What’s screening this week in the Bay Area? You can talk about Halloween (the movie), learn about Ruth Bader Ginsburg, revisit a Fellini classic, and plenty of drive-in options. But no film festivals.
Special online events
B+ Thrillville Movie Club: Halloween, New Parkway, discussion Saturday, 3:00
The event: Watch the movie before Saturday afternoon. Then, at 3:00, join the Zoom discussion about the film.
The movie: John Carpenter made a very good low-budget thriller that started a very bad genre: the slasher movie – also known as the dead teenager flick. In the original Halloween, an escaped psycho racks up several kills on the scariest night of the year. Yes, the story is absurd–the guy seems capable of getting into any place and sneaking up on anyone–but Carpenter and co-screenwriter Debra Hill take the time to let us know these particular teenagers, and that makes all the difference. By the time he goes after the mature, responsible one (Jamie Lee Curtis), you’re really scared.
Another chance to see
A- RBG (2018), BAMPFA, Cerrito, Elmwood
There’s nothing objective about this documentary on Ruth Bader Ginsburg (who was still alive when the film was released). The filmmakers clearly believe that the Supreme Court’s progressive hero is a rock star, a superhero, and a major bulwark protecting American democracy. I believe that, too. But I didn’t know until I saw this film that young women not only see Ginsburg as a role model but tattoo her likeness on their bodies. An entertaining and enlightening film about someone whose death may ruin our country. Read my full review.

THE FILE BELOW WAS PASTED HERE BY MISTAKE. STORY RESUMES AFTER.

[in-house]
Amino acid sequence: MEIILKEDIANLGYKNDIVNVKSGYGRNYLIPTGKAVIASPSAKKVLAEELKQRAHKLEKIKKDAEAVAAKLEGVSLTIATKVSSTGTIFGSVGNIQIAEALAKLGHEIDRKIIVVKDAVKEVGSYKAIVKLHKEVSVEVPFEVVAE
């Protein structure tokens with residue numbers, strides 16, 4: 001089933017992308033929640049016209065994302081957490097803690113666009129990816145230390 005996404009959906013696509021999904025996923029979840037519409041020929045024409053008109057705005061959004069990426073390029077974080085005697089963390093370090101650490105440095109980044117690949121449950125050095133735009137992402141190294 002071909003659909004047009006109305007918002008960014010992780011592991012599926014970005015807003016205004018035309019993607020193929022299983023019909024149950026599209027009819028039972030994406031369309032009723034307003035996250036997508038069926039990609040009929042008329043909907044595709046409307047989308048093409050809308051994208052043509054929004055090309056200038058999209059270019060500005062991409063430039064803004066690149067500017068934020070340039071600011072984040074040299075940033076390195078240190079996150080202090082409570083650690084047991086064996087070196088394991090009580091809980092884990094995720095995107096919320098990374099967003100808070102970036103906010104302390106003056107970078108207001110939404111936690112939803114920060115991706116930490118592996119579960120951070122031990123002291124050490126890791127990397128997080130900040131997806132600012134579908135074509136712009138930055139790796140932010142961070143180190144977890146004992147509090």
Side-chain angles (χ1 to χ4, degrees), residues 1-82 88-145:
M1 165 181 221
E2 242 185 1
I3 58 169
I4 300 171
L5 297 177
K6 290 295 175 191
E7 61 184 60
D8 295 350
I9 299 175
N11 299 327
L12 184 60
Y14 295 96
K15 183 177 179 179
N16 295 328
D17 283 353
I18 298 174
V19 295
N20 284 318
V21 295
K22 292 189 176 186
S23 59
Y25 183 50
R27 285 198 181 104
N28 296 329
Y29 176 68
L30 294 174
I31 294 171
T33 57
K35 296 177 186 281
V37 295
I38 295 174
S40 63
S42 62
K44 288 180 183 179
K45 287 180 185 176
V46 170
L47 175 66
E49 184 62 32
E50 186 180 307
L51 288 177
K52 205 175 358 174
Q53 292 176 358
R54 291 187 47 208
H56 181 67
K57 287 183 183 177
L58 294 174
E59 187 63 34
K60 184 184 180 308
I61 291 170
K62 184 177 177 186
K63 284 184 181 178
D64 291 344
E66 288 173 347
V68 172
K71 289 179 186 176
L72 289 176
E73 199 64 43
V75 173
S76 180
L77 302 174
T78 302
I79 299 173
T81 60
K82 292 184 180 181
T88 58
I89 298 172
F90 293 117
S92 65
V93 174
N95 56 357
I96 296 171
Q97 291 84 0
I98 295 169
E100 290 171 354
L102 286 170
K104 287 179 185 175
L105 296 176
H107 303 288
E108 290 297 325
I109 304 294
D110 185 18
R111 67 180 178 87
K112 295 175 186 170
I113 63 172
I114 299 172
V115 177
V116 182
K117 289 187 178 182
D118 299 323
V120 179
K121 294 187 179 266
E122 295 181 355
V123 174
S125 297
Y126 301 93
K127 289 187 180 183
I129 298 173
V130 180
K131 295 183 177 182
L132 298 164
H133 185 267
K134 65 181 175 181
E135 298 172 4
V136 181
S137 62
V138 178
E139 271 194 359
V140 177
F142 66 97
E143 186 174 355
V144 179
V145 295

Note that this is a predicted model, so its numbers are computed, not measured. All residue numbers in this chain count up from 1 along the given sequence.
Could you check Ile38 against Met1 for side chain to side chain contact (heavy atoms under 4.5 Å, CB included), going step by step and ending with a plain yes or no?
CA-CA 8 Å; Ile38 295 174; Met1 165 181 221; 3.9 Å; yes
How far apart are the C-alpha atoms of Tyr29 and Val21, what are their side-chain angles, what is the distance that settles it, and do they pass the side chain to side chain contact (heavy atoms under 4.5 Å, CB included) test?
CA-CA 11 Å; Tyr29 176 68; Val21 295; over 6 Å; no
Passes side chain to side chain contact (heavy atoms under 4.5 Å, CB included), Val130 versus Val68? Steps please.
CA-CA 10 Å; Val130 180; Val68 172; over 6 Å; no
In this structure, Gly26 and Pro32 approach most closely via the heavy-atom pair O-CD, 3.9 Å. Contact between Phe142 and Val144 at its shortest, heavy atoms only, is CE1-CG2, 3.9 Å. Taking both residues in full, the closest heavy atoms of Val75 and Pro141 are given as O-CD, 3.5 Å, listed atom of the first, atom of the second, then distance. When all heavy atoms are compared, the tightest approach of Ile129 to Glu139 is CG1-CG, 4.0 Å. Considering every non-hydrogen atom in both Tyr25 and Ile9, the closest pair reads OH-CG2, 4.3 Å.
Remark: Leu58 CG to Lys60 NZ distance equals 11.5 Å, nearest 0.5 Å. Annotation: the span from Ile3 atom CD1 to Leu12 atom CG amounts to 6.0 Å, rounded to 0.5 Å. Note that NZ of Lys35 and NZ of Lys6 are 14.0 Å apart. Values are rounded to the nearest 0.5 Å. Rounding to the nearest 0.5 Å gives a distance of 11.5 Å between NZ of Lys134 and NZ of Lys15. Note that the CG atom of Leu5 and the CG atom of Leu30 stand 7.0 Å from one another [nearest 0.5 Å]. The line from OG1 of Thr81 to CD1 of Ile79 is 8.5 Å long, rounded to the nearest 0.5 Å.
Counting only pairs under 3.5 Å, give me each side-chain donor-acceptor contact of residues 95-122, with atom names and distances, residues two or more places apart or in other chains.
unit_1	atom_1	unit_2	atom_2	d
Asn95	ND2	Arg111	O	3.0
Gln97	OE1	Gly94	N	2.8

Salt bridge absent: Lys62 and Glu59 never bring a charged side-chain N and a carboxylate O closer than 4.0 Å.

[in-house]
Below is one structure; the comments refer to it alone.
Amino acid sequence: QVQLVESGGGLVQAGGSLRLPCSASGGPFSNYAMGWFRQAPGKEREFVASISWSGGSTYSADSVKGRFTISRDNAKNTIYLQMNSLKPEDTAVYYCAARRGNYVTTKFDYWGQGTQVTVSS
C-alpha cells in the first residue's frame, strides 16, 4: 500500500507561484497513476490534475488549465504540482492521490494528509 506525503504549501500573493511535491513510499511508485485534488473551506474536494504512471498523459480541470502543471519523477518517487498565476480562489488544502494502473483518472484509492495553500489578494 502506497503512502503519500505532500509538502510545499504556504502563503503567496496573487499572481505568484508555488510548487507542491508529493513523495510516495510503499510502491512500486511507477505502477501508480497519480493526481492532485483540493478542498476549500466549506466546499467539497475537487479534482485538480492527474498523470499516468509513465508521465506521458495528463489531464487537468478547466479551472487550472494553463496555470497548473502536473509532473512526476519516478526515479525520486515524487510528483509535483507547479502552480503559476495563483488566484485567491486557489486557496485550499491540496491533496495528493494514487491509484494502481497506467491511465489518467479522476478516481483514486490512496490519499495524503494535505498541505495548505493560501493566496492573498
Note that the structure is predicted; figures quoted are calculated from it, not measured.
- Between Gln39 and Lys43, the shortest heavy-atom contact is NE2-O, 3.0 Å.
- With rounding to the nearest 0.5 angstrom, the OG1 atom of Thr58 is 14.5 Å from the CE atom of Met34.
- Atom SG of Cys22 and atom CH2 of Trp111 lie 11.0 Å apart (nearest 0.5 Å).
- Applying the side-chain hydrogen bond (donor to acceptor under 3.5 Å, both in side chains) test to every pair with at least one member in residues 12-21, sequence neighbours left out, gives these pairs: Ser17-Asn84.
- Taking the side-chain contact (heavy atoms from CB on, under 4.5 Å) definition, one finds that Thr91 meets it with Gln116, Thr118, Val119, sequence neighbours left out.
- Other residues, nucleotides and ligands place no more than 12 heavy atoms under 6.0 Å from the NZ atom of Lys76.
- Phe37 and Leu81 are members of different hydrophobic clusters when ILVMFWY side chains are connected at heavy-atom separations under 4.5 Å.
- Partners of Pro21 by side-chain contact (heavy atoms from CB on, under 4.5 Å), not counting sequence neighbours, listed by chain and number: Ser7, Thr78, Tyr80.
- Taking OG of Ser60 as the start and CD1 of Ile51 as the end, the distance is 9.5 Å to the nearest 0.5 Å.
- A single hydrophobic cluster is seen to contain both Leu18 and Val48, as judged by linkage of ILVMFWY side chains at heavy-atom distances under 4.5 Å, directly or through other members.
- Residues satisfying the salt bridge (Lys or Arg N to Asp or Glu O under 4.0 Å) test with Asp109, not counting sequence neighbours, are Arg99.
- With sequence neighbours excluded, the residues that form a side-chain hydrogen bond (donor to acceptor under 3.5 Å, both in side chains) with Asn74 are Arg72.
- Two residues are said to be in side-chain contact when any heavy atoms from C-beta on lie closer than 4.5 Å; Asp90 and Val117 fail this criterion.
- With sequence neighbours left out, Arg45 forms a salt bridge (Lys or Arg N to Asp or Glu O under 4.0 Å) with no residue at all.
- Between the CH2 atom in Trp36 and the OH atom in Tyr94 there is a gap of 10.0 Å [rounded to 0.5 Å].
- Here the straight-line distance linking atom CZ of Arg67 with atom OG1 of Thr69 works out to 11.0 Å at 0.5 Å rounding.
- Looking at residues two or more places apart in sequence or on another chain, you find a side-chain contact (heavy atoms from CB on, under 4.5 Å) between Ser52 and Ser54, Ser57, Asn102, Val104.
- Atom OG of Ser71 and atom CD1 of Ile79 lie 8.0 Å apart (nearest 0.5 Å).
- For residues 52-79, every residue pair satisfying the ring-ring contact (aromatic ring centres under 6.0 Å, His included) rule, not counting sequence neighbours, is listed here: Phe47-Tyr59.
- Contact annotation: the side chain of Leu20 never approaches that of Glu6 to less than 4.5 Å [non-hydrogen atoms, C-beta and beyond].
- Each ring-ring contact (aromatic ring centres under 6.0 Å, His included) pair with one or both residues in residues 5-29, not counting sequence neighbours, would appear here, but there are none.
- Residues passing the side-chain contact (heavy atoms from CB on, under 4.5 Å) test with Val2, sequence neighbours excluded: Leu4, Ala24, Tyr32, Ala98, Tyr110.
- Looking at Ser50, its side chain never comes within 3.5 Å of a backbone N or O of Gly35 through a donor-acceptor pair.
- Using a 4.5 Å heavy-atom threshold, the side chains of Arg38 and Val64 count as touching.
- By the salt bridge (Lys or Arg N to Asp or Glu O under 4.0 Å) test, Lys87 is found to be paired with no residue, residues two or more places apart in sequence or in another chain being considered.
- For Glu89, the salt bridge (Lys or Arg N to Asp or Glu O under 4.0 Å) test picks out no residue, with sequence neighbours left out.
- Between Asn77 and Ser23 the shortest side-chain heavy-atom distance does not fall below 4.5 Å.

C+ La Strada (1954), Balboa, Rafael, Roxie, Vogue, opens Friday
Back when I was in high school, this became the first old, black-and-white, European, subtitled film I ever loved. But it turned out to be one of those loves you eventually outgrow. Giulietta Masina brilliantly plays a simple, innocent girl sold by her parents to a coarse, crude, and violent traveling strongman (Anthony Quinn in another strong performance). But for all the great acting, Fellini’s 1954 heartbreaker comes off now as shallow. Even worse, it manages to romanticize child abuse. (Or is it spouse abuse? The movie is never too sure about that.)
A Coco (2017), Alameda Point – Monarch Lot, 7:00, sponsored by the Alameda Theatre
This beautiful journey into Mexican traditions of the afterlife (via big-budget Hollywood, of course) manages to be serious, emotional, and fun. Young Miguel (voiced by Anthony Gonzalez) belongs to a family of shoemakers who hate music. But music runs deep in the boy’s soul. On the Day of the Dead, he accidentally goes over to the other side, even though he’s still alive. To come back, he must learn a lot about life in general and his family in particular. And, since Pixar made this movie, his journey is also funny, suspenseful, exciting, and visually stunning.
A Young Frankenstein (1974), Lark Drive-In, Saturday, 6:16
Mel Brooks showed off his talent beautifully in this sweet-natured, 1974 parody and tribute to the Universal horror films of the 1930′s (specifically the first three Frankenstein movies). Gene Wilder wrote the screenplay and stars as the latest doctor to be stuck with the famous name. With Marty Feldman, Madeline Kahn, Cloris Leachman, and Peter Boyle as the lovable but clumsy creature.
A To Kill a Mockingbird (1962), Thursday, Lark Drive-In, 7:00
The film version of Harper Lee’s Pulitzer Prize-winning novel manages to be both a nostalgic reverie of depression-era small town Southern life and a condemnation of that life’s dark and ugly underbelly. Gregory Peck’s Atticus Finch is the ultimate decent and moral father, a character so virtuous he’s only believable because the story is told through the eyes of his six-year-old daughter. (It’s worth noting that in the long-waited sequel to the novel, the now-grown daughter discovers her father’s flaws.)
B+ Invasion of the Body Snatchers (1978), Dinner and a Drive-in, Pier 70, Saturday, 8:00
Phil Kaufman‘s San Francisco-based remake of the classic alien invasion movie isn’t quite as good as the low-budget, 1956 original, but it comes close. One by one, Donald Sutherland’s friends and loved ones turn into emotionless pod people, and he knows that he too will be lost if he can’t stay awake. A very good sci-fi thriller with a chance to see Leonard Nimoy as an Earthling.